What is Oracle Doing to Standard Edition Licensing?

Using Oracle Standard Edition used to be a highly effective way for companies and government agencies to leverage solid Oracle technology without the incredibly large fees associated with Oracle Database Enterprise Edition. If you could fit your usage into the technical limitations of Standard Edition, then it made sense to get on board.

Unfortunately, somewhere along the line (starting in 2015 actually), Oracle discovered they could force customers into giving it more money, simply by changing the Standard Edition rules, even after customers bought the Standard Edition product! Back in 2015, Oracle wanted you to spend more money on Enterprise Edition. Today, Oracle wants you to spend more money on Oracle Cloud. The names of products may change, but this is just another example of “Oracle being Oracle”.

A brief history of Standard Edition licensing changes

In 2015, Oracle made some significant changes to their Standard Edition licensing. At a high level, they did two things:

Firstly, Oracle changed the rules on where you can run Standard Edition. They changed the server sizes that could be used. The server size you can use now to run Oracle Standard Edition is much smaller than previously. And they changed the name from SE; the old license was SE1 and the new license was SE2.

The second thing Oracle did was to prevent customers from buying additional SE1 licenses, and also prevented them from using SE1 and SE2 in the same environment. If you were using Oracle SE, you had three choices:

  1. Never make a change to your technical environment, including servers (unrealistic).
  2. Give Oracle more money for SE2 licenses.
  3. Give Oracle more money for Enterprise Edition licenses.

And, back to the future …

What happened with these changes is customers gave Oracle more money. Just how successful was Oracle in this licensing sleight-of-hand maneuver? The answer is, so successful that they are doing it again! This time Oracle announced that RAC is no longer available, starting with version 19c of their Standard Edition Database 2. If you want RAC and the latest Oracle Database Standard Edition 2, you are out of luck. Here are the options Oracle gives you:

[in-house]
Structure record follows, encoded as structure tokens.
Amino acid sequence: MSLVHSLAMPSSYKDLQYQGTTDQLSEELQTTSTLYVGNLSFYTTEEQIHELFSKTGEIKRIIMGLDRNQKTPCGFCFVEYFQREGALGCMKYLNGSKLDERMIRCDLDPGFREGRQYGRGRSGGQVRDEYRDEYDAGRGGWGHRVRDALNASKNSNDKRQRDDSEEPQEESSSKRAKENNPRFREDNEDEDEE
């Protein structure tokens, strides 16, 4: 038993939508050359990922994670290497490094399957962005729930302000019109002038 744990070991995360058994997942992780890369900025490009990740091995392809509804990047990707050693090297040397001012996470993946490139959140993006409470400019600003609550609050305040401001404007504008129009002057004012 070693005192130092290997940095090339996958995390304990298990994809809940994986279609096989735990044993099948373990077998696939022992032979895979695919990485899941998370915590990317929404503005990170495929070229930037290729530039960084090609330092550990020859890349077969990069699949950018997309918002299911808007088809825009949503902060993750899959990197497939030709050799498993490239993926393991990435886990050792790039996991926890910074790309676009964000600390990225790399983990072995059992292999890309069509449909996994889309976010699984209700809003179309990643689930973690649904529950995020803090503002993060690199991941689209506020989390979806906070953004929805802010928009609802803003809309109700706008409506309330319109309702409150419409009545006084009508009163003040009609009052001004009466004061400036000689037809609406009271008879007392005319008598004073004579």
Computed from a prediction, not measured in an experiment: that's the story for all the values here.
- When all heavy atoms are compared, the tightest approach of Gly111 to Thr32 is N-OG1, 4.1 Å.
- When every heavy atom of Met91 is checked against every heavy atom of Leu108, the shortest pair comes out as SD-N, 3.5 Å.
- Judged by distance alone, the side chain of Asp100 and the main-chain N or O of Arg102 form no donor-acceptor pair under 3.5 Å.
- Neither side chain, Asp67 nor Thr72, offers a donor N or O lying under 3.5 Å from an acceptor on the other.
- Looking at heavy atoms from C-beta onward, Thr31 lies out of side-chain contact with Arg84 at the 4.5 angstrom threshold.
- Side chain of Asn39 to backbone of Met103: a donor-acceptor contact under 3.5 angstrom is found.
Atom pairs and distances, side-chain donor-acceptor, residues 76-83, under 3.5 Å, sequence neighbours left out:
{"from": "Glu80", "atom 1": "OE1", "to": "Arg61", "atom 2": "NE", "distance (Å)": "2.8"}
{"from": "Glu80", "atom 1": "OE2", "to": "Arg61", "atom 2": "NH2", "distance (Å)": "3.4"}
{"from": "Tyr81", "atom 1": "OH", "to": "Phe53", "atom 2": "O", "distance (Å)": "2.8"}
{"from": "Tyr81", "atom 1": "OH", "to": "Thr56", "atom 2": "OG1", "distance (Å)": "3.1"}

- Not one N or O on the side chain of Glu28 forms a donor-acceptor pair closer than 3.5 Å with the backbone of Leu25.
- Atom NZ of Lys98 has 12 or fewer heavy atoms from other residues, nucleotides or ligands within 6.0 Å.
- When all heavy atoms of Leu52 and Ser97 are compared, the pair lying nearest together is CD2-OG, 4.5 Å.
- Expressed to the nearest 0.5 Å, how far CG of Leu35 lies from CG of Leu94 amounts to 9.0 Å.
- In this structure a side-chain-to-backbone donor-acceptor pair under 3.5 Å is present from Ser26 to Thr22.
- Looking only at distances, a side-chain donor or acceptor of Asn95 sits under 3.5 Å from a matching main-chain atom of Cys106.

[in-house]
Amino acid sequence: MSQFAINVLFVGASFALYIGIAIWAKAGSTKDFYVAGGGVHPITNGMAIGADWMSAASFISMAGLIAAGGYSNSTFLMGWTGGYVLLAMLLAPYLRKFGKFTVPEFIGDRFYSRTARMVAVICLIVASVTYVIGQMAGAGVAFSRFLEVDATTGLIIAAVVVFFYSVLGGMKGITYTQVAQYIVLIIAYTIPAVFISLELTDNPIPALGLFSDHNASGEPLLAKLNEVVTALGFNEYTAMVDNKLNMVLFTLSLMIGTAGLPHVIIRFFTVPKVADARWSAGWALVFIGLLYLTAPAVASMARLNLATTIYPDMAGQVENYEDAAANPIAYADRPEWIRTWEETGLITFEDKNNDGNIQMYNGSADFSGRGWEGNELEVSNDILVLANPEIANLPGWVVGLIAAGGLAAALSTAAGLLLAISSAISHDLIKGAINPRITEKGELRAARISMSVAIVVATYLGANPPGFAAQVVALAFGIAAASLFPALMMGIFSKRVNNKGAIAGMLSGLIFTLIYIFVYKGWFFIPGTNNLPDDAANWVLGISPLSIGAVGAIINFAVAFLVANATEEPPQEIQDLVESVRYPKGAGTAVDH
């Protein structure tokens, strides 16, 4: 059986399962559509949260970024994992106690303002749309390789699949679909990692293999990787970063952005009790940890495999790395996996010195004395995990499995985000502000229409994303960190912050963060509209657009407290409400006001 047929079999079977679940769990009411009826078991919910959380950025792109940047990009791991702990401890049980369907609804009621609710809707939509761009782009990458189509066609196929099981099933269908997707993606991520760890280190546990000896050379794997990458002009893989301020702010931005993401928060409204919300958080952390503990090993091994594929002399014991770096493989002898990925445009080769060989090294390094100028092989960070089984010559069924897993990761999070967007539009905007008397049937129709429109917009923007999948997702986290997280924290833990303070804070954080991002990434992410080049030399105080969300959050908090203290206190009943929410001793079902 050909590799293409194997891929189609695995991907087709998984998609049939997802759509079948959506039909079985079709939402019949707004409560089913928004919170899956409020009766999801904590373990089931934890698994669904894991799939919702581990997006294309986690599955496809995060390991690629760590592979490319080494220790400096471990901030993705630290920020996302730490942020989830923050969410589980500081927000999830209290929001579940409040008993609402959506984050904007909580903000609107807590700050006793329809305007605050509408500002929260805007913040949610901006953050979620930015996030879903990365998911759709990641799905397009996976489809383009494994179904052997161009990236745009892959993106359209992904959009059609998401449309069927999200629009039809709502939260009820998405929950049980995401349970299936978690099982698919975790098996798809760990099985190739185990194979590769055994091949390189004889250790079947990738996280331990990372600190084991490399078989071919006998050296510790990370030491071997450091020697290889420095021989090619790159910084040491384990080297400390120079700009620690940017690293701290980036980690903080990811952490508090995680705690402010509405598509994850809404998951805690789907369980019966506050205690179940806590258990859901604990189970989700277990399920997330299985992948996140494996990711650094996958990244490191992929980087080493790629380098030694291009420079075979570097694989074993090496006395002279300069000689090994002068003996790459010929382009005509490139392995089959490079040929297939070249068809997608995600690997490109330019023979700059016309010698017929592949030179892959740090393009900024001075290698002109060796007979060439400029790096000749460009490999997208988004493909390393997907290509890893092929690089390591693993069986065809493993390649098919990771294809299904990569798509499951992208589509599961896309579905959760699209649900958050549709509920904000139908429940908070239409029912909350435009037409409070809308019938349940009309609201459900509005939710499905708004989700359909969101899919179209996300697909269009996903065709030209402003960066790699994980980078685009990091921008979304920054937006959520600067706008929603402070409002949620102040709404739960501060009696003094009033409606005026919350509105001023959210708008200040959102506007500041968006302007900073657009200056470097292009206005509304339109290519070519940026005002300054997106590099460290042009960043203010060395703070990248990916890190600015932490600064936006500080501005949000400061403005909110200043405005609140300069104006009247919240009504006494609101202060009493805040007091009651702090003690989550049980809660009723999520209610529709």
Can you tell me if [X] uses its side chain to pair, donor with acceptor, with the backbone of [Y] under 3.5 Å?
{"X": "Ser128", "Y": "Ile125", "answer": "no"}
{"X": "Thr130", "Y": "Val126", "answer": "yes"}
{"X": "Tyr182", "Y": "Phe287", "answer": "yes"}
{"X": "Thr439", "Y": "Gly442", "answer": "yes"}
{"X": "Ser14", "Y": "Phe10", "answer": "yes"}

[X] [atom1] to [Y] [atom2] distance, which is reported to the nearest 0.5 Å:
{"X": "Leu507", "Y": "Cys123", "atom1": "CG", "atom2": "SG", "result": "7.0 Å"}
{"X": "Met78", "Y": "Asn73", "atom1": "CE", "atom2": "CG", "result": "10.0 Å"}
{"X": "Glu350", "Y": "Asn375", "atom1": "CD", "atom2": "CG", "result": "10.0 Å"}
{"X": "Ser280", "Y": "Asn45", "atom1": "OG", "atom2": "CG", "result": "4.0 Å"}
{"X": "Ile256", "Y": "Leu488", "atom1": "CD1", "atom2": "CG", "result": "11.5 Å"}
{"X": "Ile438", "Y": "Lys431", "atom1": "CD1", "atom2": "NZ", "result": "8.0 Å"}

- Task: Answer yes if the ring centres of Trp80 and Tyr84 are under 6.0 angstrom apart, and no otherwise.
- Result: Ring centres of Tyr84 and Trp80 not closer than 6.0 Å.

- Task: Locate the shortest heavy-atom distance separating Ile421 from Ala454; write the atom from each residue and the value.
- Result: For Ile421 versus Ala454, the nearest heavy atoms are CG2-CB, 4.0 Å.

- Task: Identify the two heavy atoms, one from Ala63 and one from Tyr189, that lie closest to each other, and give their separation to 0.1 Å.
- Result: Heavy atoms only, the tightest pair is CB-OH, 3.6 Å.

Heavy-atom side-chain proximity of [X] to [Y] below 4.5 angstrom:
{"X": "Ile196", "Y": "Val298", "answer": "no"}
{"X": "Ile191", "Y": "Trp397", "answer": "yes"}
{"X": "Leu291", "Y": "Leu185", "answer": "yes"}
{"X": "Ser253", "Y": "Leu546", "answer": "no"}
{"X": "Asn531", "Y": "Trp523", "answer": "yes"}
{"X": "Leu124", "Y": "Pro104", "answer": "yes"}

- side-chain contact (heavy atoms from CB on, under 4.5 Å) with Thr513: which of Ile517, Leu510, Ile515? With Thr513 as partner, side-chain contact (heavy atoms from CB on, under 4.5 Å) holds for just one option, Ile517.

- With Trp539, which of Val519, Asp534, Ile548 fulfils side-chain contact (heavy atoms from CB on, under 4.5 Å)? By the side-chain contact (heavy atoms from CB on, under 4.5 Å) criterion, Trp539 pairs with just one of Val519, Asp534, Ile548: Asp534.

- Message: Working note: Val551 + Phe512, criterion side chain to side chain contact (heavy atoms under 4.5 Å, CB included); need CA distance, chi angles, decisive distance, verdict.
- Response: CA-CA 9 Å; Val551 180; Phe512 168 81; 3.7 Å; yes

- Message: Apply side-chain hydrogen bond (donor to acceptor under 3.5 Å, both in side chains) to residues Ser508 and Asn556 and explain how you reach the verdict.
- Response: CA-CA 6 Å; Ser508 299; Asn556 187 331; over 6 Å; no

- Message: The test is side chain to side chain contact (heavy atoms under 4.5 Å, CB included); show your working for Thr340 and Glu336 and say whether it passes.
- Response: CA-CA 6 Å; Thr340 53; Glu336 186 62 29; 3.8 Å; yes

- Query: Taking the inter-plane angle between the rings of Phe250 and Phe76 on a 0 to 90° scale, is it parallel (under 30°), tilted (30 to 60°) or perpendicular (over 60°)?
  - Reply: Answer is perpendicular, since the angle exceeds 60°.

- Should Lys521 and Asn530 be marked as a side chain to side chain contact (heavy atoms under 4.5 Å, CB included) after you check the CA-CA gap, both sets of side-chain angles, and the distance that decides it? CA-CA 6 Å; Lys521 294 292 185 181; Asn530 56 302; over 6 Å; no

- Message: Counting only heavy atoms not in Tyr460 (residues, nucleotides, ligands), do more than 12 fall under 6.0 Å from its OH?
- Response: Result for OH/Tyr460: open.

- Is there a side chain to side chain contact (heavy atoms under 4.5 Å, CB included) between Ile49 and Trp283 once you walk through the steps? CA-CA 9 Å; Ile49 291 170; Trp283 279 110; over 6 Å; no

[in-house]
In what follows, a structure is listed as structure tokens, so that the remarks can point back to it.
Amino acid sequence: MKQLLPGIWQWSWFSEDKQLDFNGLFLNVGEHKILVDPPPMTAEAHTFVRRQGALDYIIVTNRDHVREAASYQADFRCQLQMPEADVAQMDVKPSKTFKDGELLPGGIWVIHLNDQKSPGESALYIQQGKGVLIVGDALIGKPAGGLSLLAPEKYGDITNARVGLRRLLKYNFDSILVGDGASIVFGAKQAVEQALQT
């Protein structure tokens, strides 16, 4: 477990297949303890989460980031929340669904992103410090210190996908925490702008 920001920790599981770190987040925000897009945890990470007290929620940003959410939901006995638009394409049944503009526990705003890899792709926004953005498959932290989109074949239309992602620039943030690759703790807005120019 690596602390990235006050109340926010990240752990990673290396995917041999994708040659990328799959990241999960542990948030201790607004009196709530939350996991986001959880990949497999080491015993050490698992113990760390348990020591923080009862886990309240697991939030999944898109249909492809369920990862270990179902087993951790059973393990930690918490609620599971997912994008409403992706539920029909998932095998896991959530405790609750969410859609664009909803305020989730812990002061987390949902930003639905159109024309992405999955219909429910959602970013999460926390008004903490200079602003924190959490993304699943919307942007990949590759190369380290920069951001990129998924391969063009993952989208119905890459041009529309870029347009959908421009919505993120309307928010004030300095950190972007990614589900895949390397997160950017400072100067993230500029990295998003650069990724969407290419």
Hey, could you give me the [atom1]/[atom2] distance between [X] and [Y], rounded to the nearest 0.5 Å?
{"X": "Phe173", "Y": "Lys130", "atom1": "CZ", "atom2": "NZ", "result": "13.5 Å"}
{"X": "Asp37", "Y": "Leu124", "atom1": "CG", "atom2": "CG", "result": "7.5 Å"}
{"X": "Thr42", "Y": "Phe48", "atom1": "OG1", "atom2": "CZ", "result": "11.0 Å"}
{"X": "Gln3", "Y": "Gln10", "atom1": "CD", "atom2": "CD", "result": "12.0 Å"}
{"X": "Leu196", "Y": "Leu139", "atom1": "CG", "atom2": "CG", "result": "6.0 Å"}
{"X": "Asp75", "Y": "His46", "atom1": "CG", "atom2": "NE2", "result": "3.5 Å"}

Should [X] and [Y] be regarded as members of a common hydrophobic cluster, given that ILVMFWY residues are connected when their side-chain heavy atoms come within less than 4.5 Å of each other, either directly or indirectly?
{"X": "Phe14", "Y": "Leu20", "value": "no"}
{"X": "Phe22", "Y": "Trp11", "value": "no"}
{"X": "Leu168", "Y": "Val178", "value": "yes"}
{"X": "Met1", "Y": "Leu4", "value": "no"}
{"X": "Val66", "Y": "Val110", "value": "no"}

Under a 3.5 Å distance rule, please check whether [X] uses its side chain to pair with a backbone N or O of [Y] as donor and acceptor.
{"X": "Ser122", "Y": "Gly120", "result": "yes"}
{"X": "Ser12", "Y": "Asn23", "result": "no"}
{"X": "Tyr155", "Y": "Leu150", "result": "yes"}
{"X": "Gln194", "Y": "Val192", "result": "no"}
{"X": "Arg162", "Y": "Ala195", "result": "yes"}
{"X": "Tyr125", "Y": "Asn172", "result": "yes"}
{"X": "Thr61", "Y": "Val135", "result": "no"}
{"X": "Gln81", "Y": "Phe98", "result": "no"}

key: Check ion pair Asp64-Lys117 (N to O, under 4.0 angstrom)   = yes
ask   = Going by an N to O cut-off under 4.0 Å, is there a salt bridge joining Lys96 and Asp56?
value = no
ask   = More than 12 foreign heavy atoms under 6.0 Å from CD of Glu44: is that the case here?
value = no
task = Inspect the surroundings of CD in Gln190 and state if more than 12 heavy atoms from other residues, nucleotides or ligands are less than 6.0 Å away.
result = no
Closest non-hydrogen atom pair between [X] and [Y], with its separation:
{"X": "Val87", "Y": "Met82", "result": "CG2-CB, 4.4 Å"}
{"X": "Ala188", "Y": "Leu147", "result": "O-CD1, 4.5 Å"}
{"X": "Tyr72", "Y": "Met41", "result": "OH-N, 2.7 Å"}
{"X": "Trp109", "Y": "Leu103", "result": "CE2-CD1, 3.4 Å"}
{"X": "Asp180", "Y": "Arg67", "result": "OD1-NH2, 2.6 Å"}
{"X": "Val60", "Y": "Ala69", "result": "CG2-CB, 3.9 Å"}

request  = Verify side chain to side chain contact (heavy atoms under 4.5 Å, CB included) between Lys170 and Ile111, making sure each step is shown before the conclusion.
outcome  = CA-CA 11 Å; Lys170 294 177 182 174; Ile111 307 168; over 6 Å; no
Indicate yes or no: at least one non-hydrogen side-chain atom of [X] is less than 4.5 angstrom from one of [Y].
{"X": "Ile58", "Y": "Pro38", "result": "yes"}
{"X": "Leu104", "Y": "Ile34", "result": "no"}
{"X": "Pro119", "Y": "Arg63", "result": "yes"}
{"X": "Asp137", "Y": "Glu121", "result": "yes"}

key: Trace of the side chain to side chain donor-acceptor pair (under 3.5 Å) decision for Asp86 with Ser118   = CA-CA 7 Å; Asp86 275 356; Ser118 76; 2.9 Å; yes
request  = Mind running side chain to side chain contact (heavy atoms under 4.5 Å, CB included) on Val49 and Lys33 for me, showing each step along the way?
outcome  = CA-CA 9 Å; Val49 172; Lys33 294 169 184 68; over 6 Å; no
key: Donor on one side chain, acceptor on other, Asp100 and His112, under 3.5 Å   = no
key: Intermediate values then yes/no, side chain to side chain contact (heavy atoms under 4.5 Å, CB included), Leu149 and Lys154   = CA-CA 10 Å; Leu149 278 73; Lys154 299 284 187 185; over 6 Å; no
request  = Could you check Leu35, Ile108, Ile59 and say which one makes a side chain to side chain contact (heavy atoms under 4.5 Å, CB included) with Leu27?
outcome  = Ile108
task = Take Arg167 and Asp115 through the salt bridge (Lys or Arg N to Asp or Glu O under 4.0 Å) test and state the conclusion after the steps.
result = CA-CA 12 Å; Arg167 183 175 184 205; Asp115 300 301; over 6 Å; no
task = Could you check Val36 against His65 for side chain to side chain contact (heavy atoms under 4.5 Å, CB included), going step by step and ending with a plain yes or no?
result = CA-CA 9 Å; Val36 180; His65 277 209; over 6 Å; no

1. Deconstruct your implementation so you don’t need RAC.
  2. Give Oracle more money and upgrade to Enterprise Edition.
  3. Give Oracle more money and buy Oracle cloud services.

Oracle literally provides these options. You can see them here.

Your Oracle database options considered

Let’s talk about Option 1, because it is so ridiculous, only Oracle would have the nerve to suggest it. Oracle says you can incur all the cost to change your implementation, so you don’t need the RAC functionality you paid for. However, you will still pay Oracle the same amount for annual technical support. Oh, and not only will Oracle refuse to reduce your support, they will actually increase it by 4% (in 2020)! Get less, pay more. I told you it was Oracle being Oracle.

What can you do now?

Let’s forget what Oracle suggests, because their options are either too expensive, or too nuts, or both. Here are our suggestions:

  1. Don’t upgrade to 19c. There is really nothing amazing about SE 19c that you have to use. In fact, it has less in it than 18. Stay on the prior release. You can buy SE2 and use prior versions.
  2. Don’t pay Oracle any money for support. Sounds crazy? Well, if you are not upgrading, then it’s a perfect time to look at self-support, or third-party support companies such as Rimini Street. You can move to an independent support provider, save lots of money, and fund the next suggestion at the same time.

Move away from Oracle products for these types of workloads. While the product itself may meet your needs, there is simply too much uncertainty in how Oracle licenses the product and forces you into situations that are completely avoidable were it not for Oracle’s never-ending quest of money. Do you trust Oracle business practices enough to risk they won’t make another change next year? Maybe now is the time for you to look at a Postgres solution for these workloads.

While you are looking at those options, you should always stay in compliance with your Oracle contracts and have a roadmap to optimize your existing licenses and contain your Oracle spend. Palisade Compliance has helped hundreds of Oracle customers with their Oracle licensing and we can assist you, as you grapple with Oracle’s Standard Edition switcheroos.

Picture of Craig Guarente
Craig Guarente
Craig is the President and Founder of Palisade Compliance, which he founded in 2011. Before 2011, Craig worked at Oracle for 16 years where he was the Global Vice President of Contracts, Business Practices, and Migrations. He was also the Global Process Owner for Oracle’s audit teams (LMS), a member of Oracle’s CIO advisory board, and on the Oracle User Group’s contract and licensing advisory board. Craig is now the leading expert on Oracle licensing, is quoted in dozens of publications, and assists with many high-profile Oracle disputes.